It seems like everyone is a “creative” these days. But with Instagram it’s hard to tell whose creating for likes and whose creating out of passion.
ULTRA spoke with Elias Dawli, an art dealer and curator in the Lower East Side and co-founder of the UUU Art Collective.
The following is an edited transcript.
When did your relationship with art start?
My mom studied art history so when I was little I’d go to galleries with her. She would tell me about all the different pieces and styles, and I was hooked. I got a video camera when I was young and my friends and I would make tons of short films. We did a lot of skating films which eventually led me to study film at university. I’d say my relationship with art is one of give and take. I try to produce more than I consume.
What inspired you to start UUU Art Collective?
UUU started in college, in 2013 by a couple friends and I. We started throwing art parties where kids would come together and show their art. We never capped the type of art we accepted and now have a real gallery showcasing emerging artists who we think are dope. One time we even did a barbershop show. Barbers came in and cut hair during the show with contemporary paintings hanging on the walls. We aren’t trying to be another stuffy Chelsea gallery. We want people to feel welcome. We want to take risks and we want people to feel like they can engage with us.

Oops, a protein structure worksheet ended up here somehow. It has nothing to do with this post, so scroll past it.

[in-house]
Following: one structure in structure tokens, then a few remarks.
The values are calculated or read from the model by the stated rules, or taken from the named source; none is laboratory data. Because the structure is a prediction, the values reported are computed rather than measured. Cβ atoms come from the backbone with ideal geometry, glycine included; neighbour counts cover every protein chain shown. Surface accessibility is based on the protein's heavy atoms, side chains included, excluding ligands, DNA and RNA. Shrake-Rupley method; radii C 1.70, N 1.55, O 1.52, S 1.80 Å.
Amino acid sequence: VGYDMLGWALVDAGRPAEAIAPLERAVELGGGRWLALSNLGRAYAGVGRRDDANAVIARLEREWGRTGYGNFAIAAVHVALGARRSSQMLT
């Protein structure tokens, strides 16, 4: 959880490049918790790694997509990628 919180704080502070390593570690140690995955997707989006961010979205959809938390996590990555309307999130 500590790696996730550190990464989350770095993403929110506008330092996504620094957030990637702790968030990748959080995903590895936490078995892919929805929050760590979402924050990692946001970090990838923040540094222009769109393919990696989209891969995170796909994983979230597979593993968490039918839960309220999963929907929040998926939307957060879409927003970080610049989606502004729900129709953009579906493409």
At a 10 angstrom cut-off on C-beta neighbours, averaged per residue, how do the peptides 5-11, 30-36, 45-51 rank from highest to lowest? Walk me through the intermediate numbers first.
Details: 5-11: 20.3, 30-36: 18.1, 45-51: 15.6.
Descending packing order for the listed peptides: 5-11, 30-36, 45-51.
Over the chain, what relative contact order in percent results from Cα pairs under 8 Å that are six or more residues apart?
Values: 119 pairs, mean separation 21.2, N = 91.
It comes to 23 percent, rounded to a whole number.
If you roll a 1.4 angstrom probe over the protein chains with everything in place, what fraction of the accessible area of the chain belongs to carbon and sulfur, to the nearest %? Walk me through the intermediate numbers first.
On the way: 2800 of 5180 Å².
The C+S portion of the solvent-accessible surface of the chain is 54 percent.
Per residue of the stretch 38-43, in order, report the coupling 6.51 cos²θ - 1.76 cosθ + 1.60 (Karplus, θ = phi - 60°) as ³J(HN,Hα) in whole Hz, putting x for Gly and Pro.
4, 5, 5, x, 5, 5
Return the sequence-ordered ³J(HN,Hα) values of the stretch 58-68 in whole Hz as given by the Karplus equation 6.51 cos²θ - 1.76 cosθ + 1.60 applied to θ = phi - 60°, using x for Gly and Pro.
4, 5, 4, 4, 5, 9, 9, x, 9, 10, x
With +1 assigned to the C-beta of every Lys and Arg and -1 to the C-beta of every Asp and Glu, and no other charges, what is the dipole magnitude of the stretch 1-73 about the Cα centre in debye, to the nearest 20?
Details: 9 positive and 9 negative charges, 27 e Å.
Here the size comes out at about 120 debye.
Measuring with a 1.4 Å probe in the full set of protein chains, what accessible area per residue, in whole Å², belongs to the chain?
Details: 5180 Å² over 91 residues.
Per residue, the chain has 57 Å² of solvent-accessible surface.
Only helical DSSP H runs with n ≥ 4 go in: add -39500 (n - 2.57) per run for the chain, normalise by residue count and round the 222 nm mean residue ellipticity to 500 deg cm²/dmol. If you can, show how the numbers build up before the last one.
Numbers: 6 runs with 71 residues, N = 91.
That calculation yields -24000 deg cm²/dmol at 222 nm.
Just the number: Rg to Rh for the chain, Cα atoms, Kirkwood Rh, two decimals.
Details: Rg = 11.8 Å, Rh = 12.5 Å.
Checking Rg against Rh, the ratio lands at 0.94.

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So your role with UUU is art dealer and curator – correct?
Yes. I find the venues and think of themes for our shows. Normally after I meditate, I get an idea or a mantra in my head. Off all the ideas and mantras only a few live and breathe longer. These, I’ll write a lot about and explore, and some become part of the statement for the show. Then I’ll find pieces or artists that explore that theme well and it becomes the show.
“We want to take risks. We want people to engage with us.”
What is your favorite part of art dealing?
I love installing a painting in the buyer’s home. The entire ritual — of putting on gloves, measuring their walls, and finding a good place to hang it. Seeing the excitement in their eyes while they explain why they bought it. I also love picking up the art from the artists’ studio before delivering, and having a convo with them about the piece in depth and the story behind the piece.
When I attended your last show, I was so impressed with the different types of art and people that were there. As the curator, what takeaways do you hope guests will have?
My hope is they will feel inclined to go home and make some art. I’d like them to feel included, to be part of the vibe. Even greater, I want them to love art and know it’s inclusive. Guests should feel like they can own and buy art.
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